Nor is the court persuaded that dismissal of the copyright infringement claim should be conditioned on the payment of attorney's fees. Defendants contend that "Plaintiff knew or reasonably should have known . . . at the time he filed his Complaint and his First Amended Complaint, that Defendants had not built anything on the subject property, and thus could not have yet violated any copyright Plaintiff had obtained." Opposition at 13-14. Defendants are not persuasive on this point. Even if nothing had been erected, Defendants theoretically could have been working off of Huang's design. The letter Defendants sent Huang in April 2012 informed Huang that Defendants had not been using his plans and had no intention of using those plans. The letter also told Huang that the Department of Planning and Permitting had denied an application for a conditional use permit to establish a group living facility based on concerns about parking that made the site unsuitable. Nothing in the record indicates that, before the date of the letter, Huang knew that his plans had not been submitted as part of the conditional use permit application or that Defendants were not otherwise using his plans without paying for them.

Defendants also seek to condition the dismissal of the Complaint on the payment of costs. However, Defendants fail to submit anything detailing those costs. Without such information, this court cannot tell whether conditioning dismissal on payment of costs is appropriate.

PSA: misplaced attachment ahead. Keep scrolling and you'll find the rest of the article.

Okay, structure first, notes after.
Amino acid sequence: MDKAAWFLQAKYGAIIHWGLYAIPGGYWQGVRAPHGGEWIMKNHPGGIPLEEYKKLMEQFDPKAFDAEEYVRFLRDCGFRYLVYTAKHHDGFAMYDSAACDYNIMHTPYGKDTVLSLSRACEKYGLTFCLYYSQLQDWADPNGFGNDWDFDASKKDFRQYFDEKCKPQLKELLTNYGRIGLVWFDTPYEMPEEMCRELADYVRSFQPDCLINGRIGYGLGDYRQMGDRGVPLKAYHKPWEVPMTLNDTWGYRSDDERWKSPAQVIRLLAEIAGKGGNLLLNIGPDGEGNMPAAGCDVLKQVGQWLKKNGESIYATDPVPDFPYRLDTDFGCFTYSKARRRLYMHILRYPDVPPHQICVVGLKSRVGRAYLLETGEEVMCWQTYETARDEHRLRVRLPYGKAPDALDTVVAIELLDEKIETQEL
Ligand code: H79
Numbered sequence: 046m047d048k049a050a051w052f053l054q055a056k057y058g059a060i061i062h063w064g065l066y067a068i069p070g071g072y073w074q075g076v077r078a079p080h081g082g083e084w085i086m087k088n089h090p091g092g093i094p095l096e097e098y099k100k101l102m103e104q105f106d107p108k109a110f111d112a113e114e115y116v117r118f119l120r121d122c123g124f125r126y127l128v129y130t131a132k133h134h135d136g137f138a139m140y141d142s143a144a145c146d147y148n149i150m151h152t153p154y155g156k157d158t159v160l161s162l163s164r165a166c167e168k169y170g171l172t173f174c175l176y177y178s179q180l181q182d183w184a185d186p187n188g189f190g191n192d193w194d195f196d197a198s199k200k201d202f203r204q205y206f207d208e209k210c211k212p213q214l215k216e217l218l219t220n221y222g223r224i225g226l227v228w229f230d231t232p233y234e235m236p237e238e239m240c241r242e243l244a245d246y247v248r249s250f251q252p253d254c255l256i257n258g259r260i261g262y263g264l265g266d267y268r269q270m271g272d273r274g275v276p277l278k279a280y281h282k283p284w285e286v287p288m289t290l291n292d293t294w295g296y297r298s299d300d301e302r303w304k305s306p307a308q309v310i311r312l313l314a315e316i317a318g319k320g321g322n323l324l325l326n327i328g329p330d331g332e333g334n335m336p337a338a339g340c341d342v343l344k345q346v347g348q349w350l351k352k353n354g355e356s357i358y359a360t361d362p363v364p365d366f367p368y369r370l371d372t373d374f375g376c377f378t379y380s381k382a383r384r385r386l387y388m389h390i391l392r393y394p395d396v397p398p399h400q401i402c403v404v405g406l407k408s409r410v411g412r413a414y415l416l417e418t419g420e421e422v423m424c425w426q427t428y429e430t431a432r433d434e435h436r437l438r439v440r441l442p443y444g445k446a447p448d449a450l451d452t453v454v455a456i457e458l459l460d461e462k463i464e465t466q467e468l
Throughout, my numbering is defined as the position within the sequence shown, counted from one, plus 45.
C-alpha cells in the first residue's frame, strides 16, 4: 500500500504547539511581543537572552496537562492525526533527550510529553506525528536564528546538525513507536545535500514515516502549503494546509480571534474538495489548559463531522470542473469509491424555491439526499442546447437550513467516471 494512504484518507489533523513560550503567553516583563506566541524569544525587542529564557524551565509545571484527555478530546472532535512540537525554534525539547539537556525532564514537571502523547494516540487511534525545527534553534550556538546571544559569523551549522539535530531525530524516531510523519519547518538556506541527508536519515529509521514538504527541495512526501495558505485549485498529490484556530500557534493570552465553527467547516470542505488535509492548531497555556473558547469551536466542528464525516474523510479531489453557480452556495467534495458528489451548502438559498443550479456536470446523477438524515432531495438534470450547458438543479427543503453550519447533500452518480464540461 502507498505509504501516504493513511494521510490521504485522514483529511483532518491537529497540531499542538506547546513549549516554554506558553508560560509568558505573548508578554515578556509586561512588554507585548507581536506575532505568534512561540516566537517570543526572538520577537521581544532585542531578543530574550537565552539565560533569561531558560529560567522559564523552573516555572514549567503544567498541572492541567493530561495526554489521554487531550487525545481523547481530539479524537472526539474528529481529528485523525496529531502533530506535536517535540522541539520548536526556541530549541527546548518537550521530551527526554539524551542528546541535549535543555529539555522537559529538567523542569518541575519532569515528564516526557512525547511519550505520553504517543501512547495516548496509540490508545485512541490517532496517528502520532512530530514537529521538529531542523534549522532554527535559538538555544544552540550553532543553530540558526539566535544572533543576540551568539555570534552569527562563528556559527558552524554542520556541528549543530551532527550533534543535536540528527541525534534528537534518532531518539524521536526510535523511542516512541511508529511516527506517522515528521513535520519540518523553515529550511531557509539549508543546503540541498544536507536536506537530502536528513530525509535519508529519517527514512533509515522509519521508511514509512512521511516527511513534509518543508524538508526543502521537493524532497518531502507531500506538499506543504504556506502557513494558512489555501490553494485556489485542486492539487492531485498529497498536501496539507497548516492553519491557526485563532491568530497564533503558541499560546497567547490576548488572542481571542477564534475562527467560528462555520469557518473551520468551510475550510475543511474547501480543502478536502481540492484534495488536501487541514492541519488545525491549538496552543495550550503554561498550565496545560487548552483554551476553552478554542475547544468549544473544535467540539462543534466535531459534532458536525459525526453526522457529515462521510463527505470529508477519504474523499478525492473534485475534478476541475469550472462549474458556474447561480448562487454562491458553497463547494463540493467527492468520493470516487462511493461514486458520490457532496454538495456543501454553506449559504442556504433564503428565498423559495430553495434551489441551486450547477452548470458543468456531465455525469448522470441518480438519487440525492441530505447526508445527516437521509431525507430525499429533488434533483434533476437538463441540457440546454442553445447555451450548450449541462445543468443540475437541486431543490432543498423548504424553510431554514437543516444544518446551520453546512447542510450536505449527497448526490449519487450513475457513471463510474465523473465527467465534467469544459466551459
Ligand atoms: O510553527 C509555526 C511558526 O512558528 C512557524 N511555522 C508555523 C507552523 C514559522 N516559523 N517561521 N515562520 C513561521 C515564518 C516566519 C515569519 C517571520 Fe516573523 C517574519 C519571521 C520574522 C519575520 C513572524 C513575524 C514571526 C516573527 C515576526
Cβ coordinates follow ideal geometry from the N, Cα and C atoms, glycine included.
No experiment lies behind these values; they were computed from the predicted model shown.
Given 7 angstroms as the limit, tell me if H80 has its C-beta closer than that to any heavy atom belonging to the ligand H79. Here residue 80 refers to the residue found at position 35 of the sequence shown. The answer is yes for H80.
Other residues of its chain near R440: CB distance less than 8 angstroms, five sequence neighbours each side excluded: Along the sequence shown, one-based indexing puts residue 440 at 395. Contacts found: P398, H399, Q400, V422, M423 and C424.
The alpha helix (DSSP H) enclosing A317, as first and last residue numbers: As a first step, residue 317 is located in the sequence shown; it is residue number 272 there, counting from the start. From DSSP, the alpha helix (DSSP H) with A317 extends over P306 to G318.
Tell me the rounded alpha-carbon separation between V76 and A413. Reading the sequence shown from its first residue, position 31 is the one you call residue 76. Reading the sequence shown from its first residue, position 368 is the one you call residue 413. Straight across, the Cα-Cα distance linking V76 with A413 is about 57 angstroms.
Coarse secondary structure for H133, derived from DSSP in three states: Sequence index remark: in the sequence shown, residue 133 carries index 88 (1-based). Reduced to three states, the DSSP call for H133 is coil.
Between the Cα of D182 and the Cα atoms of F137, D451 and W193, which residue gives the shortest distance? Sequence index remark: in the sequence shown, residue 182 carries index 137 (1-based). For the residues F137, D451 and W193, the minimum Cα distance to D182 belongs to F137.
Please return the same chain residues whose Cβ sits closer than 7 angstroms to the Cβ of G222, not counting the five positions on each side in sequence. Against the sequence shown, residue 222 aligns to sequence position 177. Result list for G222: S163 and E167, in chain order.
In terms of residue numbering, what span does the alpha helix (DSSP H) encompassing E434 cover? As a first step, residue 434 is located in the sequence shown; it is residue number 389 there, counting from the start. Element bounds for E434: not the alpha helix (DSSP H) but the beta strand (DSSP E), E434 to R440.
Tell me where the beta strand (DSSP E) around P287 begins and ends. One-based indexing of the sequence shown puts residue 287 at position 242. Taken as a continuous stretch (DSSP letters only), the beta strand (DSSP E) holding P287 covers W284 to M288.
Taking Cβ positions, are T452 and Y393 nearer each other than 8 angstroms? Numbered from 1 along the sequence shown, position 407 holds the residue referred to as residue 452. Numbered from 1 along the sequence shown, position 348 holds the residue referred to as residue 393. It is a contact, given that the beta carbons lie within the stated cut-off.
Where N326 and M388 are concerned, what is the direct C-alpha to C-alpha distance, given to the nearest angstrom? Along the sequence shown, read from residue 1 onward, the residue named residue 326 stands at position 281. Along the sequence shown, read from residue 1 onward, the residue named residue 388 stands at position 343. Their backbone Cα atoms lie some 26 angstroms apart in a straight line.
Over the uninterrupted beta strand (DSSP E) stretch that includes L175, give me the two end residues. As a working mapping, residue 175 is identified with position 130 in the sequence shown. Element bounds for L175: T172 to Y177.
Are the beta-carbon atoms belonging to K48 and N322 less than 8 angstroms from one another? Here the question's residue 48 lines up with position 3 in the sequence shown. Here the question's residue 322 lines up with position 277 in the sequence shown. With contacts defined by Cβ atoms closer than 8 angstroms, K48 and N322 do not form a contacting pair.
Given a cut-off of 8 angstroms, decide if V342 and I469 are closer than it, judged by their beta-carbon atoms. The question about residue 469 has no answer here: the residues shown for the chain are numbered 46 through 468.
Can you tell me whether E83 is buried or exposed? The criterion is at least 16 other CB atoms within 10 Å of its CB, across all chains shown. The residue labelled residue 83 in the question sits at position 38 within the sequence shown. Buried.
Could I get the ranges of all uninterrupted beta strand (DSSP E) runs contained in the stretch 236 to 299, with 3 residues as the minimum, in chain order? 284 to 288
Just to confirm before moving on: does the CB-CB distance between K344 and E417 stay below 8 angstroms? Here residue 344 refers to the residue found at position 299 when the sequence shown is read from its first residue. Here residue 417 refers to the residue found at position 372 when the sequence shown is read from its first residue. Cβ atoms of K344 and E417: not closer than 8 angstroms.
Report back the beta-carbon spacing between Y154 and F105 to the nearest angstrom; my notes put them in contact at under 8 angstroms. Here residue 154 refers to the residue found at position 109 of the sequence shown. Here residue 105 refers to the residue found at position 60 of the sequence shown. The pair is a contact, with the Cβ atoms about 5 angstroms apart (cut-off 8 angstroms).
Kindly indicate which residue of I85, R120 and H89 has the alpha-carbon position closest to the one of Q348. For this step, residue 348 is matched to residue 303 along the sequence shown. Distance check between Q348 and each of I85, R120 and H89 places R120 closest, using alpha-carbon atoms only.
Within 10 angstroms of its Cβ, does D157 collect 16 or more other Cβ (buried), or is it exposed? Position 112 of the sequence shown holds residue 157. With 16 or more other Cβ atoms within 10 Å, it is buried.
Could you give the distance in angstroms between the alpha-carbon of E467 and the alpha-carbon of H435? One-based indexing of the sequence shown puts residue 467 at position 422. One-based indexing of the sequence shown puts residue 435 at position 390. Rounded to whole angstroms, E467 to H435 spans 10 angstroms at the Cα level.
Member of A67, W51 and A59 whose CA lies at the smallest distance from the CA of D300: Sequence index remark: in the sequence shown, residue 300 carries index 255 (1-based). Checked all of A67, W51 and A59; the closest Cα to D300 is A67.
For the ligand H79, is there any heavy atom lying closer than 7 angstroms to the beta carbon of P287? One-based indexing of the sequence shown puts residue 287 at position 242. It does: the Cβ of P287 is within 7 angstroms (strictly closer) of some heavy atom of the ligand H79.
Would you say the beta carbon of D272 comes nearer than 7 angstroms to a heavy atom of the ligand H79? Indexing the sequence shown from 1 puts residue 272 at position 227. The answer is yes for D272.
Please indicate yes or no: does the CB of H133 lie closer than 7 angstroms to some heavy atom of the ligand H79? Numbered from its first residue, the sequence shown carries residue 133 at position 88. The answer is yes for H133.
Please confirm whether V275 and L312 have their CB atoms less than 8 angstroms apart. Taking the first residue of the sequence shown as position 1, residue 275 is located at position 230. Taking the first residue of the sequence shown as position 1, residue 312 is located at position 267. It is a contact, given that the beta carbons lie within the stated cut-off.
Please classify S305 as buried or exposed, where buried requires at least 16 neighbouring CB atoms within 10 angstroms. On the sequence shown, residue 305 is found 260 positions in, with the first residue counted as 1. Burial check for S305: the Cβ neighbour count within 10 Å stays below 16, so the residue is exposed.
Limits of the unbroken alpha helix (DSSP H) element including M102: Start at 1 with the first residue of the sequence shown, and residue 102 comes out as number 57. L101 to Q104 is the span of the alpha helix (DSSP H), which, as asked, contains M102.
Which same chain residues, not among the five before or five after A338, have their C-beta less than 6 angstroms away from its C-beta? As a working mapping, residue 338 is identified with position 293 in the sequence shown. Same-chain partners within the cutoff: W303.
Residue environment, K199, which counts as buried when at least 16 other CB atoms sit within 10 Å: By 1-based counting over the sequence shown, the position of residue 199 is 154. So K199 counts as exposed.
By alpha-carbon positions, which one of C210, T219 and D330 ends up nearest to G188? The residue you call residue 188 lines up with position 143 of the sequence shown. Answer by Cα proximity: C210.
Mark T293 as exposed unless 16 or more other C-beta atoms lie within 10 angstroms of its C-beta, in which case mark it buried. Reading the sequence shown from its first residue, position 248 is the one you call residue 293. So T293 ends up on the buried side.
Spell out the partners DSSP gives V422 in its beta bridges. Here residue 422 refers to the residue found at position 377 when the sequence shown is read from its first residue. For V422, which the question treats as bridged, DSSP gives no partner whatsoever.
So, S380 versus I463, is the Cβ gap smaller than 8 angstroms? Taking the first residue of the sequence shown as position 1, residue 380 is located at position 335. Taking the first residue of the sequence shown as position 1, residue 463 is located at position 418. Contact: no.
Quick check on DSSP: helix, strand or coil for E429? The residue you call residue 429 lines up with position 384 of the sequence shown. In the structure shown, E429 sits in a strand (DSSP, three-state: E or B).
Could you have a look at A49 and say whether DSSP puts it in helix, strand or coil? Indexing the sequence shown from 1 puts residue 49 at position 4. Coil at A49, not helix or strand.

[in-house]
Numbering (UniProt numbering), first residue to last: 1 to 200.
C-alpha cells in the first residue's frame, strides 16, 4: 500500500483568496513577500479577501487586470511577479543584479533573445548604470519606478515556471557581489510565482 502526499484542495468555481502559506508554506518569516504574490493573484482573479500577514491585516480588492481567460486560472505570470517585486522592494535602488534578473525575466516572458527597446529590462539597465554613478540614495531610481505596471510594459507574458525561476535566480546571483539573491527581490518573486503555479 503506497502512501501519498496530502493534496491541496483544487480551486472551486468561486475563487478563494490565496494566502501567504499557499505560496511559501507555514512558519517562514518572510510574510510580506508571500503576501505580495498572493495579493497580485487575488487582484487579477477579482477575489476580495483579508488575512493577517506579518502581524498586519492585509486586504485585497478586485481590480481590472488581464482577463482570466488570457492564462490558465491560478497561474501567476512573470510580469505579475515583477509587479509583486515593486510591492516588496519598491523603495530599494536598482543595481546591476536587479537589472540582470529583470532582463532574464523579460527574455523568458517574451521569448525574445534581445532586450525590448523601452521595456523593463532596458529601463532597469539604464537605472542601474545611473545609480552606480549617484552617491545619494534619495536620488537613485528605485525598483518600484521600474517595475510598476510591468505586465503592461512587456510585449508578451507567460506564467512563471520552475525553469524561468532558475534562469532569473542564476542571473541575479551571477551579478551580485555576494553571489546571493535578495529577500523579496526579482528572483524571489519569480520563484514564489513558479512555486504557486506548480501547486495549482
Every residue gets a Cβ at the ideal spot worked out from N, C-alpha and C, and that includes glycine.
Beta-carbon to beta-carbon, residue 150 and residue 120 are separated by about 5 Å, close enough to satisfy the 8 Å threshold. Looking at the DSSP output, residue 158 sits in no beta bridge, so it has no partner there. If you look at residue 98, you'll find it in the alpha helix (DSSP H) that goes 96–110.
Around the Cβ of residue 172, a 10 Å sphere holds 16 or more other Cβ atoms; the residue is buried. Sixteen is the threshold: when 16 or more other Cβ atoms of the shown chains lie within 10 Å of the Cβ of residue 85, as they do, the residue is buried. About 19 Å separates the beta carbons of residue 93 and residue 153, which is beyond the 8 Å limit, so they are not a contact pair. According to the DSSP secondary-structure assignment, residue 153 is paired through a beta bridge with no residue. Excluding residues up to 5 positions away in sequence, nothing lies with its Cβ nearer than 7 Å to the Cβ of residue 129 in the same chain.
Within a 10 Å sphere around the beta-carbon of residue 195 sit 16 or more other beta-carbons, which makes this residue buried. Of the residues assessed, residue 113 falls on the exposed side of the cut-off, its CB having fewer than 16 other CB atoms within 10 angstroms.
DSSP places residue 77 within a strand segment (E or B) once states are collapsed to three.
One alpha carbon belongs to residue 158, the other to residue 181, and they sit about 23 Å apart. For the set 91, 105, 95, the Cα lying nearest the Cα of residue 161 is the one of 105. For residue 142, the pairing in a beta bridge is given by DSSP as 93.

Although the court is allowing the voluntary dismissal of this case without prejudice and without conditioning it on the payment of fees and costs, the court is not precluding Defendants from submitting a motion in compliance with Local Rule 54.3 that seeks attorney's fees, either pursuant to an agreement and state law, or for bad faith conduct under Rule 11, 28 U.S.C. § 1927, and/or the court's inherent powers, if such a motion is appropriate. Similarly, the court is not precluding Defendants from seeking costs as a prevailing party, if such a motion is appropriate and complies with Local Rule 54.2. The court is not here stating that any motion for fees and costs is appropriate, only that this order, while not awarding fees or costs, does not preclude Defendants from seeking fees and costs, and does not preclude either the denial or award of fees or the taxation or other award of costs.

V. CONCLUSION.

The court grants Huang's motion for voluntary dismissal pursuant to Rule 41(a)(2) of the Federal Rules of Civil Procedure. The court grants the motion without a hearing pursuant to Local Rule 7.2(d).

The court also denies the motion to strike ECF No. 52-3. However, the court directs the Clerk of Court to immediately seal that document.

IT IS SO ORDERED.

Susan Oki Mollway